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By Bijal P. Trivedi

There are essentially two ways to sequence a genome. The BAC-to-BAC method, the first to be employed in human genome studies, is slow but sure. The BAC-to-BAC approach, also referred to as the map-based method, evolved from procedures developed by a number of researchers during the late 1980s and 90s and that continues to develop and change.*

The other technique, known as whole genome shotgun sequencing, brings speed into the picture, enabling researchers to do the job in months to a year. The shotgun method was developed by GNN president J. Craig Venter in 1996 when he was at the Institute for Genomic Research (TIGR).*

Now that the human genome sequence is nearing completion, the next phase—understanding the meaning and function of genes—can begin.

A primer on the two approaches to sequencing follows.

* References to the scientific literature are at the end of this primer.

The human body has about 100 trillion cells. Inside each of those cells is the nucleus that contains the genome—46 human chromosomes—which govern human development.

Each chromosome is one long string of DNA that is tightly coiled in a compact bundle. Chromosomes are comprised of millions of copies of the four letters of the genetic code—the DNA bases A, C, G, T—that are arranged into genes and non-coding sections. Finding the order, or sequence, of these four letters is the goal of genomics. The entire human genome is made up of about 3.5 billion bases.

To read the DNA, the chromosomes are cut into tiny pieces, each of which is read individually. When all the segments have been read they are assembled in the correct order.

Two approaches have been used to sequence the genome. They differ in the methods they use to cut up the DNA, assemble it in the correct order, and whether they map the chromosomes before decoding the sequence. First there was the BAC to BAC approach. A second, newer method is called whole genome shotgun sequencing.

BAC to BAC Sequencing

The BAC to BAC approach first creates a crude physical map of the whole genome before sequencing the DNA. Constructing a map requires cutting the chromosomes into large pieces and figuring out the order of these big chunks of DNA before taking a closer look and sequencing all the fragments.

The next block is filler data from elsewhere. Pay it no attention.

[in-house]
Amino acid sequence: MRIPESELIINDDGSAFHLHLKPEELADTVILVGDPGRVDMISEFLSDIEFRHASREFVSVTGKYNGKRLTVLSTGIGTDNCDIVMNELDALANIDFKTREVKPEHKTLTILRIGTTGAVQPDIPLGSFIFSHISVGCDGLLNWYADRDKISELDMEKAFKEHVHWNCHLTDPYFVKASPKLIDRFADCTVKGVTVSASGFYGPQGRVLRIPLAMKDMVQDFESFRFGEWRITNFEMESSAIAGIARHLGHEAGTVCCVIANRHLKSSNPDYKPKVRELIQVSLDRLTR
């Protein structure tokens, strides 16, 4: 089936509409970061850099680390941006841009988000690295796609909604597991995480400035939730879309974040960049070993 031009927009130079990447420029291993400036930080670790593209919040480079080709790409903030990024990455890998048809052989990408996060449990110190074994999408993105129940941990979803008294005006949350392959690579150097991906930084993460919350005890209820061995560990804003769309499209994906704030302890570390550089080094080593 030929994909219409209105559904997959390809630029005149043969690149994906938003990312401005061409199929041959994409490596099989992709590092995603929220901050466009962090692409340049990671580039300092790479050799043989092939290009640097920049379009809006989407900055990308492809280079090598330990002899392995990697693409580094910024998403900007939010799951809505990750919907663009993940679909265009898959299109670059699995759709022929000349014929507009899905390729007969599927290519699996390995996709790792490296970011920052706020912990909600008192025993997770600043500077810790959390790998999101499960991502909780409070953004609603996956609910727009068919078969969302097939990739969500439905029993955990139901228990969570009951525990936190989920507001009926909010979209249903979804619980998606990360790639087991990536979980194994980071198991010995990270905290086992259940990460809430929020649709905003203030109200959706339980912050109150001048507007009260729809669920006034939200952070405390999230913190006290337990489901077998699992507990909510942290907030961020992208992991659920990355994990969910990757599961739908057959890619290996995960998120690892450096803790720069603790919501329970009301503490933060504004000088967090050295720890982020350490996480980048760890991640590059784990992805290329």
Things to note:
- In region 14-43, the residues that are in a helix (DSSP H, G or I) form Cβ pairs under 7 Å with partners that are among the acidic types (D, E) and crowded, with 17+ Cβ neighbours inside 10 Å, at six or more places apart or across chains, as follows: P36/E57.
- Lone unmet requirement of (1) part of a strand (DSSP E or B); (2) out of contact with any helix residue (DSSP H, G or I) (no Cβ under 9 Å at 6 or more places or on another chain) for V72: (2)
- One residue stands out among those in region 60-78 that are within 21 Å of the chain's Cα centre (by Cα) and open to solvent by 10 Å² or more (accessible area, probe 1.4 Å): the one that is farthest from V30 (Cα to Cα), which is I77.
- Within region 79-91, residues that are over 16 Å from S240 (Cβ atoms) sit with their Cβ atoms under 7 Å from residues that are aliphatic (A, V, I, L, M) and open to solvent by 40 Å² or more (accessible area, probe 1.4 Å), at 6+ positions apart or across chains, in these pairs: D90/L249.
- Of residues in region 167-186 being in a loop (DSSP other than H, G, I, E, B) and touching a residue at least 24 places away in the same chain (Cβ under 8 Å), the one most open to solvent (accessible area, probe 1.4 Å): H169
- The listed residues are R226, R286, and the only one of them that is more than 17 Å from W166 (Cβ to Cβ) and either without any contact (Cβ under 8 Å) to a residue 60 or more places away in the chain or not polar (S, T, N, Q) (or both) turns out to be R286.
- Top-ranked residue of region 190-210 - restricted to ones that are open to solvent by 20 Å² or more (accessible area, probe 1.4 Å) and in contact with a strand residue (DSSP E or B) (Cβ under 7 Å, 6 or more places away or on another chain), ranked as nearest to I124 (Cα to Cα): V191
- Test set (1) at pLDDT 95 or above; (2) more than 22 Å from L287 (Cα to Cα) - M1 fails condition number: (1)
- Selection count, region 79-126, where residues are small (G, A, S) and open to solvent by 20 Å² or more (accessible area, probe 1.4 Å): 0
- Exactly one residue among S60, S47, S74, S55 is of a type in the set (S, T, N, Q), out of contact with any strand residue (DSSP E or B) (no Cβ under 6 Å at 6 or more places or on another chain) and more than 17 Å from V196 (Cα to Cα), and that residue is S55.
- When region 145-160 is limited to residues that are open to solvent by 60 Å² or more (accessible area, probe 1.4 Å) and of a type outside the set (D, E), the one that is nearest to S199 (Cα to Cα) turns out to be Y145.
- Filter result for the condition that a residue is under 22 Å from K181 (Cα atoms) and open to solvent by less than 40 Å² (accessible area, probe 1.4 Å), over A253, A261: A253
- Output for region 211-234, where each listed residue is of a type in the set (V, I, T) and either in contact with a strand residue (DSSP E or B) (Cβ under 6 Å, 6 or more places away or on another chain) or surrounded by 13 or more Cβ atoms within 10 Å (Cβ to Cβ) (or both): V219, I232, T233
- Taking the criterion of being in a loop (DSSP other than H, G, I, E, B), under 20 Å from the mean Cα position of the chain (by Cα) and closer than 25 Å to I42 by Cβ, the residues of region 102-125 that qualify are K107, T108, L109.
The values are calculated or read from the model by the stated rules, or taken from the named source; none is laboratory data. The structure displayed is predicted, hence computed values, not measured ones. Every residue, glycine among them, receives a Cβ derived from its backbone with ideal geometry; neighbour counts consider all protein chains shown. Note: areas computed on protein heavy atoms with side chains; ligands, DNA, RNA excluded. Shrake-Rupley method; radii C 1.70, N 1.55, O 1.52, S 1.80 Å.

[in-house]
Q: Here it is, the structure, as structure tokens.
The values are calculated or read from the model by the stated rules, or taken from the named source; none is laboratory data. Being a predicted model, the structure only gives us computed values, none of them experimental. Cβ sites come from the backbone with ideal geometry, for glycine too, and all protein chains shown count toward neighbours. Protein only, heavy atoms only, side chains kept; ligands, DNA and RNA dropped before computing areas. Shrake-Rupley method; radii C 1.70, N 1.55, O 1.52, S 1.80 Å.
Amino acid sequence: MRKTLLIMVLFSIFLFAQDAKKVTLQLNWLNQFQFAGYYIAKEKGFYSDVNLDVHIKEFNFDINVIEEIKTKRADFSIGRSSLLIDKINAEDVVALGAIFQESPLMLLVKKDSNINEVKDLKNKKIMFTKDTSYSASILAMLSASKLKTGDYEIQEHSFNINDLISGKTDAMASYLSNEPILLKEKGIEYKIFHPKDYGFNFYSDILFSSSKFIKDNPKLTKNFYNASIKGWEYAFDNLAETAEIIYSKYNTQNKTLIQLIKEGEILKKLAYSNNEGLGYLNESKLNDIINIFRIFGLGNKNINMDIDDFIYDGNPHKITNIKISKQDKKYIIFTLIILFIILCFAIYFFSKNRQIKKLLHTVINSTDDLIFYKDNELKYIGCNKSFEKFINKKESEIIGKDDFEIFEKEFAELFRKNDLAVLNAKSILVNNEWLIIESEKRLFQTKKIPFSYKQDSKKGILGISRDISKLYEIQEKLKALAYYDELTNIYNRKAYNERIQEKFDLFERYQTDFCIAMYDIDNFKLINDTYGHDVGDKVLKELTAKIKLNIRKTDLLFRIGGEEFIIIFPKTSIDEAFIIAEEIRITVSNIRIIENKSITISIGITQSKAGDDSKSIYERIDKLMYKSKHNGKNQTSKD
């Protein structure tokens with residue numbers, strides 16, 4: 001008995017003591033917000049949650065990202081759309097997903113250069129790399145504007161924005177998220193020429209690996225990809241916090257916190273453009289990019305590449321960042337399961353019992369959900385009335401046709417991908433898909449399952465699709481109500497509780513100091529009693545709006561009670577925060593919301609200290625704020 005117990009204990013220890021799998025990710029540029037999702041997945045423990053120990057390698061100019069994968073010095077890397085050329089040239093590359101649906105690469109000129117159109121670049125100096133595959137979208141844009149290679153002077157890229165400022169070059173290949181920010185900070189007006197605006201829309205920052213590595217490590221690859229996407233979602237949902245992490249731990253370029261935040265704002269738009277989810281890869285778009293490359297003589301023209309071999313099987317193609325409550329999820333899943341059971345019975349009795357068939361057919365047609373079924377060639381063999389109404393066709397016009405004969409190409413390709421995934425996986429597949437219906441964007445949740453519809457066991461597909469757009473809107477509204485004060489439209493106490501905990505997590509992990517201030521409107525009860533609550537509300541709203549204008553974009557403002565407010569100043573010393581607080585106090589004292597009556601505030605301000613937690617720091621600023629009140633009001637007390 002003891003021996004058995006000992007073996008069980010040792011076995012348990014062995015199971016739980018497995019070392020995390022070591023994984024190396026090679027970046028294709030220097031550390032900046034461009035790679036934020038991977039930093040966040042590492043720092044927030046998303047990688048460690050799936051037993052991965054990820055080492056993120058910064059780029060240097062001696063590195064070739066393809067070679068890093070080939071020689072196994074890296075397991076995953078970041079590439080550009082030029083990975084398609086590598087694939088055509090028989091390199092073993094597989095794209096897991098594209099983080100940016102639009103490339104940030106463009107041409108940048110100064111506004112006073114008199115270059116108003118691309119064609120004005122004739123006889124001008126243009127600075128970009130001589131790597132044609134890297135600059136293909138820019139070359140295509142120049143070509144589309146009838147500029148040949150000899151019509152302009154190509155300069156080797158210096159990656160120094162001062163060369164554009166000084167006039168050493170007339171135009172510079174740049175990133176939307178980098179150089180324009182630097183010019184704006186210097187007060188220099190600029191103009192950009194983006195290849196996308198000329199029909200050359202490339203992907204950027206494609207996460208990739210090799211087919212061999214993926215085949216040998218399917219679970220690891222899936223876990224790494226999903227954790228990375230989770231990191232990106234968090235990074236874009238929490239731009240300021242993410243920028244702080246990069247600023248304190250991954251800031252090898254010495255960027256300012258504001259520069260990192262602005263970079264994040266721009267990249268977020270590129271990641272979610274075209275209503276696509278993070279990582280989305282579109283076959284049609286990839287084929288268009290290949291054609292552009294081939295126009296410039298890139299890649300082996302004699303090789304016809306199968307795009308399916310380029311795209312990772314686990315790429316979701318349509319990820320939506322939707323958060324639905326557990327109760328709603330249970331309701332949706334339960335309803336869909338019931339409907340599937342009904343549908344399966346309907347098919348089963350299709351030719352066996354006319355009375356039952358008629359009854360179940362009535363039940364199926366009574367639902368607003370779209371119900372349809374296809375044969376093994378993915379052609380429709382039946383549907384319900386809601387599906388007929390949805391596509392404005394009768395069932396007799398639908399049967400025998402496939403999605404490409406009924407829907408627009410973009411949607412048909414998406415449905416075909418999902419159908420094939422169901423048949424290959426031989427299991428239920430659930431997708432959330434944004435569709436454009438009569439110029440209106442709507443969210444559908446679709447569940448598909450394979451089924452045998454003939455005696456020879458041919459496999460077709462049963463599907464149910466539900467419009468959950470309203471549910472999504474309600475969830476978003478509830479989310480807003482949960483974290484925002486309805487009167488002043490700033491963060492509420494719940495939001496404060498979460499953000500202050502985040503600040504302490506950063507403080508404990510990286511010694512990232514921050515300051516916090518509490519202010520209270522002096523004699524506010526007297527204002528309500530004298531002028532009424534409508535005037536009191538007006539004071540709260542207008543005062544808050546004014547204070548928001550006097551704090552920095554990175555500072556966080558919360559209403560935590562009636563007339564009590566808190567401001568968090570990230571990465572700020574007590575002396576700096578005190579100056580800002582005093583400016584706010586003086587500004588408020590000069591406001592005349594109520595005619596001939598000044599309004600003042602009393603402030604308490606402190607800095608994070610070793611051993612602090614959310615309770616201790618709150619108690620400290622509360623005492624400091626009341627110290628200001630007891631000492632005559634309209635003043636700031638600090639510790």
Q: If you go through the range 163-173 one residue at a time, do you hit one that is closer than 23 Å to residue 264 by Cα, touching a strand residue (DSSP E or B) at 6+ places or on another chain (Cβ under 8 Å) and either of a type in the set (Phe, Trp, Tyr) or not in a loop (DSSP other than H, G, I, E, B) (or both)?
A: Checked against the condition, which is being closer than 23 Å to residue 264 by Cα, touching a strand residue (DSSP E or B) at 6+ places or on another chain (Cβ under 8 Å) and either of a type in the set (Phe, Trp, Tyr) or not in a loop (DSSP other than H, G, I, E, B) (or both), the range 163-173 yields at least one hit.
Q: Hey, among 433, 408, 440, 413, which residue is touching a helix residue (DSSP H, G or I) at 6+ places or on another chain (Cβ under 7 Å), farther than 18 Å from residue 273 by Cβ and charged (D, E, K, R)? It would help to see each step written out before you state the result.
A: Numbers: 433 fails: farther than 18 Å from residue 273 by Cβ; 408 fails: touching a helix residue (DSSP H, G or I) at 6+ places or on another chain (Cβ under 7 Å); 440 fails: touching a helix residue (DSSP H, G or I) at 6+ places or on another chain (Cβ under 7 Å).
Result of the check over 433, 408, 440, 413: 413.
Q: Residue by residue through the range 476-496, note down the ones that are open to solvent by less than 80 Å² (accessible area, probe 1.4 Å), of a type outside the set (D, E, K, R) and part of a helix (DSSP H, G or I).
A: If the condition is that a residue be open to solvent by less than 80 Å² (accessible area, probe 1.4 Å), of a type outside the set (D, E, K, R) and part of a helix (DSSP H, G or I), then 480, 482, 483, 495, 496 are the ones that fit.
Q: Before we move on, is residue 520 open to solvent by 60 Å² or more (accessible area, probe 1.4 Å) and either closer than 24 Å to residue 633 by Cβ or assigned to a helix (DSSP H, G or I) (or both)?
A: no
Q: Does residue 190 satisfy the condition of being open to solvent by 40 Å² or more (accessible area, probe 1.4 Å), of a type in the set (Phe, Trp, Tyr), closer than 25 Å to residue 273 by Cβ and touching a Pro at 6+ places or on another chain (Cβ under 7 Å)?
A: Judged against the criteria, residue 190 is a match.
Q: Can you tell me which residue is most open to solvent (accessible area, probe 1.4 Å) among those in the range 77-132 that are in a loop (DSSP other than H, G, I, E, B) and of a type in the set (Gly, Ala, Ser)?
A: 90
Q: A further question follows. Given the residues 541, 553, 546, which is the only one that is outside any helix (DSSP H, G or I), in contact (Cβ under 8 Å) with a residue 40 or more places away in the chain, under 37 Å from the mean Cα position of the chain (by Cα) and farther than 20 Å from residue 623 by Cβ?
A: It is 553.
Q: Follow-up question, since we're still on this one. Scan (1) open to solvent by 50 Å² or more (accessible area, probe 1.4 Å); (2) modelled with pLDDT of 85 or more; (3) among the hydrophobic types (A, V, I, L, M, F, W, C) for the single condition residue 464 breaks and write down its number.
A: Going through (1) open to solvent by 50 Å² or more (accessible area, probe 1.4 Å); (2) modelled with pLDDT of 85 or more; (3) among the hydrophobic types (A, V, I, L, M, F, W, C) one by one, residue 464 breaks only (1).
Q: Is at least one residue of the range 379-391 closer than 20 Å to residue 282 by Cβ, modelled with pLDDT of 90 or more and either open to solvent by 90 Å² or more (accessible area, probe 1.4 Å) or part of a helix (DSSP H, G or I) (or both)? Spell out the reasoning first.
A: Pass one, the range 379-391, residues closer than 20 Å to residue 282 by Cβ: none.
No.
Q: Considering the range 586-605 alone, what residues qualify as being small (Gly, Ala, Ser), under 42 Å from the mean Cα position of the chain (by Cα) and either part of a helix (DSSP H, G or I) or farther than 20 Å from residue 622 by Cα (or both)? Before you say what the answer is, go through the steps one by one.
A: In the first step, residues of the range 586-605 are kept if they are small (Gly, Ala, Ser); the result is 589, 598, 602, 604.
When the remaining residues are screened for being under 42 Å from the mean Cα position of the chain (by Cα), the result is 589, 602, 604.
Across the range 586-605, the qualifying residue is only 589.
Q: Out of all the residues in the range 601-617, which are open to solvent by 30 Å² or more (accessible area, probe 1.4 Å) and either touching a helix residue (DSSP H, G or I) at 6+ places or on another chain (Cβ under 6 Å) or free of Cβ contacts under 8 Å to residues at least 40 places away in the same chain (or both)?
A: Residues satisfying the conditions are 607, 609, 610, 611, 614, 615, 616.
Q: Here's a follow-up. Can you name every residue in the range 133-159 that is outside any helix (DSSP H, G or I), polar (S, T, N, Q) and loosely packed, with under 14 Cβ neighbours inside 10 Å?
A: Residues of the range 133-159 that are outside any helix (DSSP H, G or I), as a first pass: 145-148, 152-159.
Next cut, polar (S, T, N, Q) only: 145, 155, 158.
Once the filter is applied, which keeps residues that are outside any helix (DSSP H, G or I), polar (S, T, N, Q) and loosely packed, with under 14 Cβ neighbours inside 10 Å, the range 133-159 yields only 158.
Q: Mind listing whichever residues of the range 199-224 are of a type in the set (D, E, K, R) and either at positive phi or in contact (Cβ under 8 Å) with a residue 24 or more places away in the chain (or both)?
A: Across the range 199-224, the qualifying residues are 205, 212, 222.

Whole Genome Shotgun Sequencing

The shotgun sequencing method goes straight to the job of decoding, bypassing the need for a physical map. Therefore, it is much faster.

Several copies of the genome are randomly cut into pieces that are about 150,000 base pairs (bp) long.

Multiple copies of the genome are randomly shredded into pieces that are 2,000 base pairs (bp) long by squeezing the DNA through a pressurized syringe. This is done a second time to generate pieces that are 10,000 bp long.

Each of these 150,000 bp fragments is inserted into a BAC-a bacterial artificial chromosome. A BAC is a man made piece of DNA that can replicate inside a bacterial cell. The whole collection of BACs containing the entire human genome is called a BAC library, because each BAC is like a book in a library that can be accessed and copied.

Each 2,000 and 10,000 bp fragment is inserted into a plasmid, which is a piece of DNA that can replicate in bacteria. The two collections of plasmids containing 2,000 and 10,000 bp chunks of human DNA are known as plasmid libraries.

These pieces are fingerprinted to give each piece a unique identification tag that determines the order of the fragments. Fingerprinting involves cutting each BAC fragment with a single enzyme and finding common sequence landmarks in overlapping fragments that determine the location of each BAC along the chromosome. Then overlapping BACs with markers every 100,000 bp form a map of each chromosome.

This step not needed in shotgun sequencing

Each BAC is then broken randomly into 1,500 bp pieces and placed in another artificial piece of DNA called M13. This collection is known as an M13 library.

This step not needed in shotgun sequencing

All the M13 libraries are sequenced. 500 bp from one end of the fragment are sequenced generating millions of sequences.

Both the 2,000 and the 10,000 bp plasmid libraries are sequenced. 500 bp from each end of each fragment are decoded generating millions of sequences. Sequencing both ends of each insert is critical for the assembling the entire chromosome.

These sequences are fed into a computer program called PHRAP that looks for common sequences that join two fragments together.

Computer algorithms assemble the millions of sequenced fragments into a continuous stretch resembling each chromosome.

(All images created by Mary S. Gibbs (GNN))

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Burke, D.T. et al. Cloning of large segments of exogenous DNA into yeast by means of artificial chromosomal vectors. Science 236, 806-812 (1987).
Smith, L.M. et al. Fluorescence detection in automated DNA sequencing analysis. Nature 321, 674-679 (1986).
Shizuya, H. et al. Cloning and stable integration of 300-kilobase-pair fragments of human DNA in Escherichia coli using an F-factor-based vector. Proc Natl Acad Sci USA 89, 8794-8797 (September 1992).
Venter, J.C. et al. A new strategy for genome sequencing. Nature 381, 364-366 (May 30, 1996).
Venter, J.C. et al. Shotgun sequencing of the human genome. Science 280, 1540-1542 (June 5, 1998).

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